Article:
CCTV to tackle crime hotspots
Temporary CCTV has been approved in a bid to crack down on crime in Boston Spa and an award-winning Wetherby park.
Wetherby Ward councillors agreed a grant of almost £3,000 from their discretionary funds to put the surveillance cameras in place in the High Street and Sandringham Park in response to a number of anti-social behaviour (ASB) incidents.
Coun Alan Lamb said: “We recognise residents’ frustrations with incidents of ASB across the ward.
“Please be assured that we are working with police and other bodies to get to the root cause of these.”
And he added that they hoped cameras would help, adding: “CCTV is just one of the tools available to us but we hope it will act as a deterrent to prevent future incidents. “We have been careful to ensure a measured response to these incidents that will not stigmatise all young people.”
Sandringham Park is a Green Flag facility and has won numerous community awards after local residents, including many children, turned the then ASB-blighted area around.
Coun Lamb added: “Earlier this month, I met with council officers on-site at Sandringham Park and agreed an action plan to have the area cleaned and tidied.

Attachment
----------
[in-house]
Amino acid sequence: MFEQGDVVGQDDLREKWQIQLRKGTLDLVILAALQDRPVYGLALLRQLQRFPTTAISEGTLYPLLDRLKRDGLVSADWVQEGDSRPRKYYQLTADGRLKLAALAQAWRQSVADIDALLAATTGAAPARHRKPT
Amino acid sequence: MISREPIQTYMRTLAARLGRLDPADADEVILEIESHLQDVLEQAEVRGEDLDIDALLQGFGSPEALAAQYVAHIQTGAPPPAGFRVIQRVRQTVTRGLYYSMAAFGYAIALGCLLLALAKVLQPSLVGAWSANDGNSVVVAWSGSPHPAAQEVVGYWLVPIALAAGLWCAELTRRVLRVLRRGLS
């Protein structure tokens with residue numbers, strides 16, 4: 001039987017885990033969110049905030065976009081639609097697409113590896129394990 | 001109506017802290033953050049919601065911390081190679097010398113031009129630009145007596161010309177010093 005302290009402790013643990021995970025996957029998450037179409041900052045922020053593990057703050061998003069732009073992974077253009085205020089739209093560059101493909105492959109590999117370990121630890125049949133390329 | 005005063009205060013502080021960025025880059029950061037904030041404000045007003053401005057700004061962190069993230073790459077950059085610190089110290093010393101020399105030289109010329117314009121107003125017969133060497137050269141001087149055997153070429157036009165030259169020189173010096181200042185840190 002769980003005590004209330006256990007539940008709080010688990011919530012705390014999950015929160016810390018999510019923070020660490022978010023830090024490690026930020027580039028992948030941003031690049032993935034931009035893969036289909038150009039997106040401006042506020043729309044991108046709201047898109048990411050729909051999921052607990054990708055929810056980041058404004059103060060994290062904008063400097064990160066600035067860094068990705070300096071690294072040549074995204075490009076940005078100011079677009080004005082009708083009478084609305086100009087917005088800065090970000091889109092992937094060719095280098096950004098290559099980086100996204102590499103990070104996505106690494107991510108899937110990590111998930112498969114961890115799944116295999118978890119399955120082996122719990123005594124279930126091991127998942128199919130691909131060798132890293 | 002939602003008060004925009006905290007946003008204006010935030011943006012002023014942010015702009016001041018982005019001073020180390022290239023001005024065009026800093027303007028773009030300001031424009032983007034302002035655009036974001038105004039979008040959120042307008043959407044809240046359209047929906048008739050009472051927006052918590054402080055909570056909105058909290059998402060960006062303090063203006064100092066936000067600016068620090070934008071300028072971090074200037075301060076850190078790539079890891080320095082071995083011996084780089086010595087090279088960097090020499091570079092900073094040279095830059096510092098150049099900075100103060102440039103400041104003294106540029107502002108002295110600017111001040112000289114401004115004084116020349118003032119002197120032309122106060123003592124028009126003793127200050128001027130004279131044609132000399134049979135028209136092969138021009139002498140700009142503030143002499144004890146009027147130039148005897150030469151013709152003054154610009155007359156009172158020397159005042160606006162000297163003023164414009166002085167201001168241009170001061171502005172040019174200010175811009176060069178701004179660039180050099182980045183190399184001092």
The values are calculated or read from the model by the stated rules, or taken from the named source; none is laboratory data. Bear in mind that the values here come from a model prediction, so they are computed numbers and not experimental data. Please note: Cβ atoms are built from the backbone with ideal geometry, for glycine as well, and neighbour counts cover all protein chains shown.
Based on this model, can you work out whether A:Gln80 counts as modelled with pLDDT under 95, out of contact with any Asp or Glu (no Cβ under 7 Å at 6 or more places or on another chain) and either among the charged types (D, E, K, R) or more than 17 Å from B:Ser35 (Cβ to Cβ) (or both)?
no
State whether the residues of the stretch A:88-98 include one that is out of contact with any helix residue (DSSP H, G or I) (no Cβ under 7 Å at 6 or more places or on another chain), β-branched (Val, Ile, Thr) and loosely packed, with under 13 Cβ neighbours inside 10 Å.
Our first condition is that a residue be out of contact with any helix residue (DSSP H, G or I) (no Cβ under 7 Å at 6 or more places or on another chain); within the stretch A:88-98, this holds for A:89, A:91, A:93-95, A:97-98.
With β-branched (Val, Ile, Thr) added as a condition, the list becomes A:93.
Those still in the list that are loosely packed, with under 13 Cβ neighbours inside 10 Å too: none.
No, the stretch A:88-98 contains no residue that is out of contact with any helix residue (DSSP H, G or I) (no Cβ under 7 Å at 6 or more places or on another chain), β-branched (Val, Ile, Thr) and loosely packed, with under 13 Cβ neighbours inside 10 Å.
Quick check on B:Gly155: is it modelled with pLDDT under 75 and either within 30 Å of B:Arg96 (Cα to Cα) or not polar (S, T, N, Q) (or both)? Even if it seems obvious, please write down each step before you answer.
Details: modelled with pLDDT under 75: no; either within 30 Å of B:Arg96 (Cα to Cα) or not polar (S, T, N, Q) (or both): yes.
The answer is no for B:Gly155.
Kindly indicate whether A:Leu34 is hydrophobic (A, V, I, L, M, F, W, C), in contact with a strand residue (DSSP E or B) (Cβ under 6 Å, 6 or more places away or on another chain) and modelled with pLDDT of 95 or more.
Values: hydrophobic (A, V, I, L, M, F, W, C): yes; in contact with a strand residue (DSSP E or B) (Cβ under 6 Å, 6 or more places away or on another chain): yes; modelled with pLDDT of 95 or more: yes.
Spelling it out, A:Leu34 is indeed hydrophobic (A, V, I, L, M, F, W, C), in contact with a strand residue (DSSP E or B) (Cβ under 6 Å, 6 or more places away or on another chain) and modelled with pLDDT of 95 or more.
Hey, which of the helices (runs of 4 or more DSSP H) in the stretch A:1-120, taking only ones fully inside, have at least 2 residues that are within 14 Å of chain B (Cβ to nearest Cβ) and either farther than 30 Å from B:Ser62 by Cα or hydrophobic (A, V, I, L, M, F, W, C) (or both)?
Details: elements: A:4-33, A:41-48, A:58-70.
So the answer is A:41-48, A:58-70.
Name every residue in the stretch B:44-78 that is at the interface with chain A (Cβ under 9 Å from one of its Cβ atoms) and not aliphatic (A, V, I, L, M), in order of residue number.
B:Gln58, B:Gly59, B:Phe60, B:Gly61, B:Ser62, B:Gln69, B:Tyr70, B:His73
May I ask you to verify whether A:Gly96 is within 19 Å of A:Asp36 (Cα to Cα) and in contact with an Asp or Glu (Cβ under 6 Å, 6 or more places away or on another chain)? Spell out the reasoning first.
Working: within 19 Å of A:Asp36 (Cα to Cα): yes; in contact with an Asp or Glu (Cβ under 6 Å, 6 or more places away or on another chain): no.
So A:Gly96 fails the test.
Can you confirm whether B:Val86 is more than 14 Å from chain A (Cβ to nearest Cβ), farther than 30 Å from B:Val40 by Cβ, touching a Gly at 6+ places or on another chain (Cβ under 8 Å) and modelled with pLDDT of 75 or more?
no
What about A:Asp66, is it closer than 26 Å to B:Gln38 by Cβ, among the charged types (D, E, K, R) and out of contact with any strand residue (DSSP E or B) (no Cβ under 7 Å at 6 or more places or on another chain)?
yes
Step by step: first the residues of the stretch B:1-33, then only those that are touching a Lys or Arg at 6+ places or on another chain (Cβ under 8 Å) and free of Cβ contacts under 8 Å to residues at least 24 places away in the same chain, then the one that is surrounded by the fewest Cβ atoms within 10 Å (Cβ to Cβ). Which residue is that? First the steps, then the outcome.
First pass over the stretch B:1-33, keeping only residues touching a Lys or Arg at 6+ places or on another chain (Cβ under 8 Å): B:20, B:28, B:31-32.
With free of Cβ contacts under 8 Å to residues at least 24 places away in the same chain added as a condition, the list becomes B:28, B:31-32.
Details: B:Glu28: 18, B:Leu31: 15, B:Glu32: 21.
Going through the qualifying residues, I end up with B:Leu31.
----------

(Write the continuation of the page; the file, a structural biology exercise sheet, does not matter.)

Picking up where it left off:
“We want the park to be a welcoming venue for all, regardless of age.”
The Wetherby Ward members said they have been made aware of other occurrences of ASB and are working with the police and council officers to deal with the issues.
Coun Norma Harrington said: “Rightly, the rules around installing CCTV, whether permanent or temporary, are quite rigorous.
“That is not to say we shouldn’t be doing it because the rules are hard, but we must ensure it is justified, appropriate and beyond challenge.
“I am pleased that we can support these initiatives to make our communities safer places to live.”
Fellow Wetherby Ward councillor Linda Richards called for increased police patrols.
“We do live in a relatively low-crime area. Nevertheless it is important for our communities to see police on patrol as much as possible and I have been working with the local police to try to ensure that our villages and surrounding areas are well-patrolled by officers.”
She added that timing was crucial to the CCTV being effective.
“These are only temporary licenses for CCTV with a finite timespan so, we must ensure that they are installed when they will do most good - this will be when people are actually using the park.
“Now that spring and summer are on the way, residents should feel assured with an extra level of protection that CCTV provides.”
The councillors approved the discretionary Wellbeing Funding application at a meeting of the Outer North East Community Committee on January 20, providing a grant for £2,976.